In an attempt to deal with environmental threats to the inhabitants of the Kum Ghurab district in Cairo, the Egyptian government closed the district's pottery kilns in 2003, jeopardizing the livelihood of potters who trace the origins of their workshops to the establishment of al-Fustat
in AD 641, the first Islamic capital of Egypt. In response to this potentially tragic loss of cultural and social capital, a model development project was initiated to introduce modern kilns and commercial units as part of a new potters' village and arts and crafts centre. In 2010, the project
was the subject of a field study and post-occupancy surveys of primary and secondary stakeholders in the new model village, the old pottery area awaiting demolition and a newly developed arts and crafts centre bordering the model village. Findings suggest that although, the project exhibits
shortcomings related to the amount of commercial disruption, loss of employment and citizen participation, relocation satisfaction problems appear to have been addressed in large part because commercial relocation occurred nearby, and local housing was available for area potters and workers;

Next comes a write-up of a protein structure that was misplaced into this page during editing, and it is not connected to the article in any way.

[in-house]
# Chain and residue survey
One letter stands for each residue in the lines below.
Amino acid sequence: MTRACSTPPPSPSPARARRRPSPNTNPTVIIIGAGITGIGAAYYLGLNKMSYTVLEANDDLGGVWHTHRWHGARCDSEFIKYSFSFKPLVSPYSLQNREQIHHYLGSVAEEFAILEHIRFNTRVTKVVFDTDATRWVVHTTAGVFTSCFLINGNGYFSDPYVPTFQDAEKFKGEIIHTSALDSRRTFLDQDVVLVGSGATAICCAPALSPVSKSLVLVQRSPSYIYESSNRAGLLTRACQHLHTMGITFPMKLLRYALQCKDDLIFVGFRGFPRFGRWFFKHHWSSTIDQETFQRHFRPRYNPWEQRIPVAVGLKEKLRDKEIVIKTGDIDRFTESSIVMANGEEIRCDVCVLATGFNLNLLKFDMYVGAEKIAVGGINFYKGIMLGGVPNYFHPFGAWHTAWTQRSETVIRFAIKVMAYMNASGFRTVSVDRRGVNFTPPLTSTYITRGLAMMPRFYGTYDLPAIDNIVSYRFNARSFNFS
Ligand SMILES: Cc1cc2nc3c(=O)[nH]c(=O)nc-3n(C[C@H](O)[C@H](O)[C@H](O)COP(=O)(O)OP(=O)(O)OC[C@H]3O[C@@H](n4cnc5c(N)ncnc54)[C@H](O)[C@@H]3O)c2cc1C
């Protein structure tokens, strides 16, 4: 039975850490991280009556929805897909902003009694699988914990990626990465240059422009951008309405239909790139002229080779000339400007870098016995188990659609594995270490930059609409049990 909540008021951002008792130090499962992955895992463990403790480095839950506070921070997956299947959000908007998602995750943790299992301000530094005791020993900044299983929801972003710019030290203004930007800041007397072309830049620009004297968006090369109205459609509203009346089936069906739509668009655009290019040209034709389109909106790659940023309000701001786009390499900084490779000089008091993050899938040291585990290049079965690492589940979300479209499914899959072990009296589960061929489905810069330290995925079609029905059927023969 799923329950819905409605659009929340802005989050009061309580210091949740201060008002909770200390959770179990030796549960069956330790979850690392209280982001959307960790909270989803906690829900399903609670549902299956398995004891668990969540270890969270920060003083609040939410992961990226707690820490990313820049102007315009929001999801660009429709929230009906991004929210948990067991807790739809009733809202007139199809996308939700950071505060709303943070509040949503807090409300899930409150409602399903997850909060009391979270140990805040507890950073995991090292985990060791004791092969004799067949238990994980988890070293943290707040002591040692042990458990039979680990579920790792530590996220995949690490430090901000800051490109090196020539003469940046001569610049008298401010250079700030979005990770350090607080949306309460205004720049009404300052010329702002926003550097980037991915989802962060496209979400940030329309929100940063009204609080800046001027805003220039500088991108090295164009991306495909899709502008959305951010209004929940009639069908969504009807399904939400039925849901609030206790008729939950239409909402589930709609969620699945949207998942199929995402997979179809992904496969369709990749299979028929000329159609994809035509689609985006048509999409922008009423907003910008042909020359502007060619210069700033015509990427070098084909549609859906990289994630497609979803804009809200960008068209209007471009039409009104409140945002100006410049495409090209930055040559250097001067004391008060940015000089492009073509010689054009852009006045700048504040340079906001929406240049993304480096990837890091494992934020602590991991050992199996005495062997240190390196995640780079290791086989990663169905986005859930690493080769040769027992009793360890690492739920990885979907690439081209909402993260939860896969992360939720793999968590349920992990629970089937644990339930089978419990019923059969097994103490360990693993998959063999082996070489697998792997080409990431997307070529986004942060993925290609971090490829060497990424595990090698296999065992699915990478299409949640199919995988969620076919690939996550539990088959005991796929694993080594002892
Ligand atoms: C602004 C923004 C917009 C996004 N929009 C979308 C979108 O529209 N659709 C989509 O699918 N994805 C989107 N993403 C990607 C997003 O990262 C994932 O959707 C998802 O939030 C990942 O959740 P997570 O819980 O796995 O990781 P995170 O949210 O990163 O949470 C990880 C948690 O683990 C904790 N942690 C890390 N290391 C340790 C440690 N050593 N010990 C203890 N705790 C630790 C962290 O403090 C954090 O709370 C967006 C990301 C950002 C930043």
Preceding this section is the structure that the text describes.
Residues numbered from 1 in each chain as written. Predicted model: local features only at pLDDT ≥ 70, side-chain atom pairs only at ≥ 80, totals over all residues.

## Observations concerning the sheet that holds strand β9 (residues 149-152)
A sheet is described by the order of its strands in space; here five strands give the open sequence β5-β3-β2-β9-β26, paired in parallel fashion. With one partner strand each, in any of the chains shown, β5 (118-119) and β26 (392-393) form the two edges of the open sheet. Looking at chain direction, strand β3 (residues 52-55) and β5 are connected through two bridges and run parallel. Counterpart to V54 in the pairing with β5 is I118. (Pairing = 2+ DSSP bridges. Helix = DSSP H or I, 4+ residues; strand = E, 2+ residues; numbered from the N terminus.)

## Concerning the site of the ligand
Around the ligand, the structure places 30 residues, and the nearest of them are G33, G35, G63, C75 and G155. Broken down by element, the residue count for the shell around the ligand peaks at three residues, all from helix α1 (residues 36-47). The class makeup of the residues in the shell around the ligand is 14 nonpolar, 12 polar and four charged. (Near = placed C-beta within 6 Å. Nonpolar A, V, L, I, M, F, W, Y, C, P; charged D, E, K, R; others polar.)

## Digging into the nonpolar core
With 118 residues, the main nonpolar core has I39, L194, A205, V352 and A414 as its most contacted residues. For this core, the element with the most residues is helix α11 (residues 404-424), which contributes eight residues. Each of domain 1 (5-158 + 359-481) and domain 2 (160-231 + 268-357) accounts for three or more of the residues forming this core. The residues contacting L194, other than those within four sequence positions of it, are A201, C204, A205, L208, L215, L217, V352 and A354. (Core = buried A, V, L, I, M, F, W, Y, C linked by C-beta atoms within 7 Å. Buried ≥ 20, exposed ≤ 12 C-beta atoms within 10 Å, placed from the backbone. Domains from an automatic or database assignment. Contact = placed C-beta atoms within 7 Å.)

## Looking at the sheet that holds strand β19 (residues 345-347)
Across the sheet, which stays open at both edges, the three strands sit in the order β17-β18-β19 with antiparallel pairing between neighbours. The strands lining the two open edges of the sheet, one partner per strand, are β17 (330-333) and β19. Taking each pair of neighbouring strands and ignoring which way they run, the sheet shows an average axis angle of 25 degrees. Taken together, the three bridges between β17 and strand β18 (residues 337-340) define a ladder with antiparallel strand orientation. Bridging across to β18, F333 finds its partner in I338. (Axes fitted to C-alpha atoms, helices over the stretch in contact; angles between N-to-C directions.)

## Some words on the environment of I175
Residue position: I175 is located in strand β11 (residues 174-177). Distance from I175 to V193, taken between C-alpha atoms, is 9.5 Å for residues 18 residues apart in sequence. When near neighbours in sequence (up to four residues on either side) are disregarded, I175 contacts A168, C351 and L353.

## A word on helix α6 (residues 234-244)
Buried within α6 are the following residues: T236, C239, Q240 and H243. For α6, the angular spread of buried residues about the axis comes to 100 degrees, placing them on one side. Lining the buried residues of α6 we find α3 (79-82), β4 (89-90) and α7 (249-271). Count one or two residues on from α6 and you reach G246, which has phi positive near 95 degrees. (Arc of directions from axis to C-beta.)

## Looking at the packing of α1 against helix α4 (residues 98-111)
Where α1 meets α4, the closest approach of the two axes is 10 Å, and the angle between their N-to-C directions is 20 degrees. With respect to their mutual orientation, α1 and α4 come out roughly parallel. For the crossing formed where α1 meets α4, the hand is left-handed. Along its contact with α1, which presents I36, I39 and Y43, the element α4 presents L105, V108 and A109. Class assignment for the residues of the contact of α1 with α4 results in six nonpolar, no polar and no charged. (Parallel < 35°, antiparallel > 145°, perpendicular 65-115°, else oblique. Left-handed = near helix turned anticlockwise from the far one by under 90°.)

and a new arts and crafts economy has been established to address threats from globalization and technological change that have taken place within the broader pottery industry over the last several decades, reflecting greater demands for high quality decorative products and a wider range of
arts and crafts products.
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Document Type: Research Article
Publication date: 2012-08-17
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The International Journal of Islamic Architecture (IJIA) is intended for those interested in urban design and planning, architecture, and landscape design in the historic Islamic world, encompassing the Middle East and parts of Africa and Asia, but also the more recent geographies of Islam in its global dimensions. The main emphasis is on detailed analysis of the practical, historical and theoretical aspects of architecture, with a focus on both design and its reception. The journal is also specifically interested in contemporary architecture and urban design in relation to social and cultural history, geography, politics, aesthetics, technology, and conservation. Spanning across cultures and disciplines, IJIA seeks to analyze and explain issues related to the built environment throughout the regions covered. The cross-cultural and interdisciplinary nature of this journal will significantly contribute to the knowledge in this field.
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